Circa 6th century, Nepal, Maitreya and Vajrapani, stone, at the Nakhachuk Bahal, Nakhachuk Tole, Patan (Nepal), photo on the Huntington Archive
The Huntington Archive gives us the rare opportunity to see this stone shrine from the Licchavi period, in situ and intact. The figure on the first image looks like the historical buddha holding a piece of his robe in his left hand but, being part of a set of four bodhisattvas, represents Maitreya, the future buddha. On the next picture is Vajrapani, whose attribute is placed upright on the lotus he holds in his left hand.
Circa 6th century, Nepal, Avalokiteshvara and Manjushri, stone, at the Nakhachuk Bahal, Nakhachuk Tole, Patan (Nepal), photo on Huntington archive as before.
Avalokiteshvara holds a lotus in his left hand, the right displays supreme generosity as for the previous figures. Finally, Manjushri does the teaching gesture (‘turning the wheel of dharma’) with both hands. This iconography is not normally associated with him when standing except in Nepal, in which case his has in his left hand the stem of a blue lotus that supports a book. The above also has the stem of a blue lotus in his right hand, to support the hilt of a sword.
Undated, Nepal, Akashagarbha, stone, Ilanicaitya, Patan, photo in Stone Mandalas in Nepal by Adalbert J. Gail
Part of a set of eight bodhisattvas in a stone dharmadatumandala (devoted to Manjushri), this sculpture depicts Akashagarbha showering jewels with the right hand and holding the stem of a lotus that supports three round gems (triratna). Above him, Kirtimukha devours a snake, as is usual in Nepalese art.
Lokeshvara, stone, as above.
Avalokiteshvara holds three crystal-like jewels before his chest and a lotus in his left hand.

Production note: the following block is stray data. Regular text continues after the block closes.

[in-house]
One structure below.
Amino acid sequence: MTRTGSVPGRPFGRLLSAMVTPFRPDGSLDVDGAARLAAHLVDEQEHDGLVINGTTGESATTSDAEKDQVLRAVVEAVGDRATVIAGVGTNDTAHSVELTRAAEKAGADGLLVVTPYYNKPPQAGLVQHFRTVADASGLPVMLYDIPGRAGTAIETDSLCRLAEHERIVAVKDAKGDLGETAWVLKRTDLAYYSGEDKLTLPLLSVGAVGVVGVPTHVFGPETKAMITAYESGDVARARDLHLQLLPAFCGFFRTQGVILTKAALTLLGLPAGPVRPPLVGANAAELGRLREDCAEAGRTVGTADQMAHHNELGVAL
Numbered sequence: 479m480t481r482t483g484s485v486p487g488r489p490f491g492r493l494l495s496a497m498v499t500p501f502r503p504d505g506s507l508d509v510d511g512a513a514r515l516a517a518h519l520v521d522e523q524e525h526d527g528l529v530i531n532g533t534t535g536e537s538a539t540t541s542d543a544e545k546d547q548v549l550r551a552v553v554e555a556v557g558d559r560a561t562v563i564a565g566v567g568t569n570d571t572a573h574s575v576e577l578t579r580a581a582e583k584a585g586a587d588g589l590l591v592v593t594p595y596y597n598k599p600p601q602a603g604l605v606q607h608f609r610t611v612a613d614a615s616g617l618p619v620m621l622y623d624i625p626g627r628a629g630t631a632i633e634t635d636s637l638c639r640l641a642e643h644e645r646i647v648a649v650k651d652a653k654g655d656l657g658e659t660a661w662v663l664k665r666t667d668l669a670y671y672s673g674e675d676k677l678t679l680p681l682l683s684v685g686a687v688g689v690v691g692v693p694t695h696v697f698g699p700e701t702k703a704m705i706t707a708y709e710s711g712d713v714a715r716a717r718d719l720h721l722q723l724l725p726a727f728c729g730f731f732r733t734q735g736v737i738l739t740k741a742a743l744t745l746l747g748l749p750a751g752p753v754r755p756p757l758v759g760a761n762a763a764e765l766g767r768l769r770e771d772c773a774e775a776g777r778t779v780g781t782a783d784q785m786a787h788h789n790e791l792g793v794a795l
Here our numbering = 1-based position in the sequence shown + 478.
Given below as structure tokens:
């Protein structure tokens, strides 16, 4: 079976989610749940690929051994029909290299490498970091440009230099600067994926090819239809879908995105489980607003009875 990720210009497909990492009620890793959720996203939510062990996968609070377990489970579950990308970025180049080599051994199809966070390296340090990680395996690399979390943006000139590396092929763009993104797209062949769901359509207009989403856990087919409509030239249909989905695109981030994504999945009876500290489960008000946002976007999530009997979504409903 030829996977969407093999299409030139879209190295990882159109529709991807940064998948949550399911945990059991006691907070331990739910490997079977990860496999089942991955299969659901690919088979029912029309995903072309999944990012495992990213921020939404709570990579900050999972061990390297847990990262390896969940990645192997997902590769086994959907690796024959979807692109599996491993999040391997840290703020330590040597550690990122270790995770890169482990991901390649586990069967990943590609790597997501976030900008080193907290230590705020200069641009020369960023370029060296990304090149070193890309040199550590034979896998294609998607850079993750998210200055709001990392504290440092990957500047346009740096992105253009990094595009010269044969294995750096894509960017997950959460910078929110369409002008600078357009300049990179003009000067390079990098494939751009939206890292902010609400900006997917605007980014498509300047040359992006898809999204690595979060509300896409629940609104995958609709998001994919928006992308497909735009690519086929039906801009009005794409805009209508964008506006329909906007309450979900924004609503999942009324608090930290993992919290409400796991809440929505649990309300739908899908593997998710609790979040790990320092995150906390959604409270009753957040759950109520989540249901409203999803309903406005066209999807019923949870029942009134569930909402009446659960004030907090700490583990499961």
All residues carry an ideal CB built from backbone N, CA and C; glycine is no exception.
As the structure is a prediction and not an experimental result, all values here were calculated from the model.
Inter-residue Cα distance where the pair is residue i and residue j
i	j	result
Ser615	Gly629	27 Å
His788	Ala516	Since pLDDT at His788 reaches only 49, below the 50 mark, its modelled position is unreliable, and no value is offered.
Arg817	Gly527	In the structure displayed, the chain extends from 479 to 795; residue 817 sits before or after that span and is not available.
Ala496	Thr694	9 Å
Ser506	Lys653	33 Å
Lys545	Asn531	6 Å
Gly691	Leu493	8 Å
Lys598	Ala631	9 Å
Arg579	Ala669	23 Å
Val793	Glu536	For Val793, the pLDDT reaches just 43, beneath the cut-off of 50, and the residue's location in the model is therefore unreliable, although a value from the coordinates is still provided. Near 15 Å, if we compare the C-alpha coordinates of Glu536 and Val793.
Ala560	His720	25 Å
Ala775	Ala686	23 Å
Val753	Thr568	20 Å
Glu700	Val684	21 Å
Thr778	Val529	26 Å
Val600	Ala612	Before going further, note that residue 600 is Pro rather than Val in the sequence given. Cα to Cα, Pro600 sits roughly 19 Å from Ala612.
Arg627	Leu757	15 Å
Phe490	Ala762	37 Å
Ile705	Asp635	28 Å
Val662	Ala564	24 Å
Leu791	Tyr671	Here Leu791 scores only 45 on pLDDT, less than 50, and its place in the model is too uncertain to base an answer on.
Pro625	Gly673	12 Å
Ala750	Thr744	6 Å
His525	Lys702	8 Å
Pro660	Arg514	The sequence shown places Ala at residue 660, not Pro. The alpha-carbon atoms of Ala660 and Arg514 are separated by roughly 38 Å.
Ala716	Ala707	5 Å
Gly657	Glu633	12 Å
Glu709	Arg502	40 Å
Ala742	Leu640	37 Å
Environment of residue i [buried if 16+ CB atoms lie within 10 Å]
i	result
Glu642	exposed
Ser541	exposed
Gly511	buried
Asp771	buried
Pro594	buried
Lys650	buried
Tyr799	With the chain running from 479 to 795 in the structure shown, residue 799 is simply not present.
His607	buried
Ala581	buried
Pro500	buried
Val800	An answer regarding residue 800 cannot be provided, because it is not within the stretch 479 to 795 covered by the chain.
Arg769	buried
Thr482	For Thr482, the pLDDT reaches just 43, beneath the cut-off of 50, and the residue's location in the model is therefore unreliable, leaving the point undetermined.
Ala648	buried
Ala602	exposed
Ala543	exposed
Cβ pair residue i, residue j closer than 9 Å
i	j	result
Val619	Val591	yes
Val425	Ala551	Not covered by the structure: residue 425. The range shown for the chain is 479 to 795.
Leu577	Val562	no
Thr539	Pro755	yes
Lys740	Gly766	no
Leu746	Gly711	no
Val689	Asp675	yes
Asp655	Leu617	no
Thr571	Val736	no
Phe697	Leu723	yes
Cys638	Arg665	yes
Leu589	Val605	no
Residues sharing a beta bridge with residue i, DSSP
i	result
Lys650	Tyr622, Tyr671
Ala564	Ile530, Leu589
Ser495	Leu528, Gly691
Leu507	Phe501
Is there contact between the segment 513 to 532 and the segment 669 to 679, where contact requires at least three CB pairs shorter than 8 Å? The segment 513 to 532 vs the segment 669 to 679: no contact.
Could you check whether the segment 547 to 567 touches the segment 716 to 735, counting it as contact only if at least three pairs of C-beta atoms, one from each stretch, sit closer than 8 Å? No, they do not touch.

Maitreya, stone, as above.
Although the triple gem is not one of his attributes, this bodhisattva is thought to be Maitreya, holding in his left hand the stem of a lotus topped with a wheel.
Samantabhadra, stone, as above.
Samantabhadra normally holds a blue lotus supporting a jewel or a sun disc in his left hand. Identification is further complicated due to the fact that the eight sculptures are not in the expected position on the mandala according to textual description. The author suggests this figure is Samantabhadra, holding in his left hand a lotus supporting the hilt of a sword (Manjushri’s would be in his right hand).
Manjushri, stone, as before.
Manjushri is clearly identified by the manuscript on the lotus in his left hand and the (broken) sword in his right hand.
Ksitigarbha, stone, as before.
Kshitigarbha may hold the stem of a lotus supporting a magic jewel in his right hand while the left hand is in the gesture of supreme generosity. This character does the gesture with his right hand and his lotus supports what seems to be part of a flaming sword.
Vajrapani, stone, as before.
Vajrapani clutches his attribute at heart level and holds the stem of a lotus supporting three large prongs.
Probably Sarvanivaranaviskambhin, stone, as before.
This deity with a five-naga hood must be the last of the ‘eight great bodhisattvas’, Sarvanivarana Vishkambhin. The author interprets the S-shaped object on the lotus in his right hand as being perhaps a noose while pointing out that his banner with a visvajra his not represented (instead, he holds another lotus topped with a flaming jewel).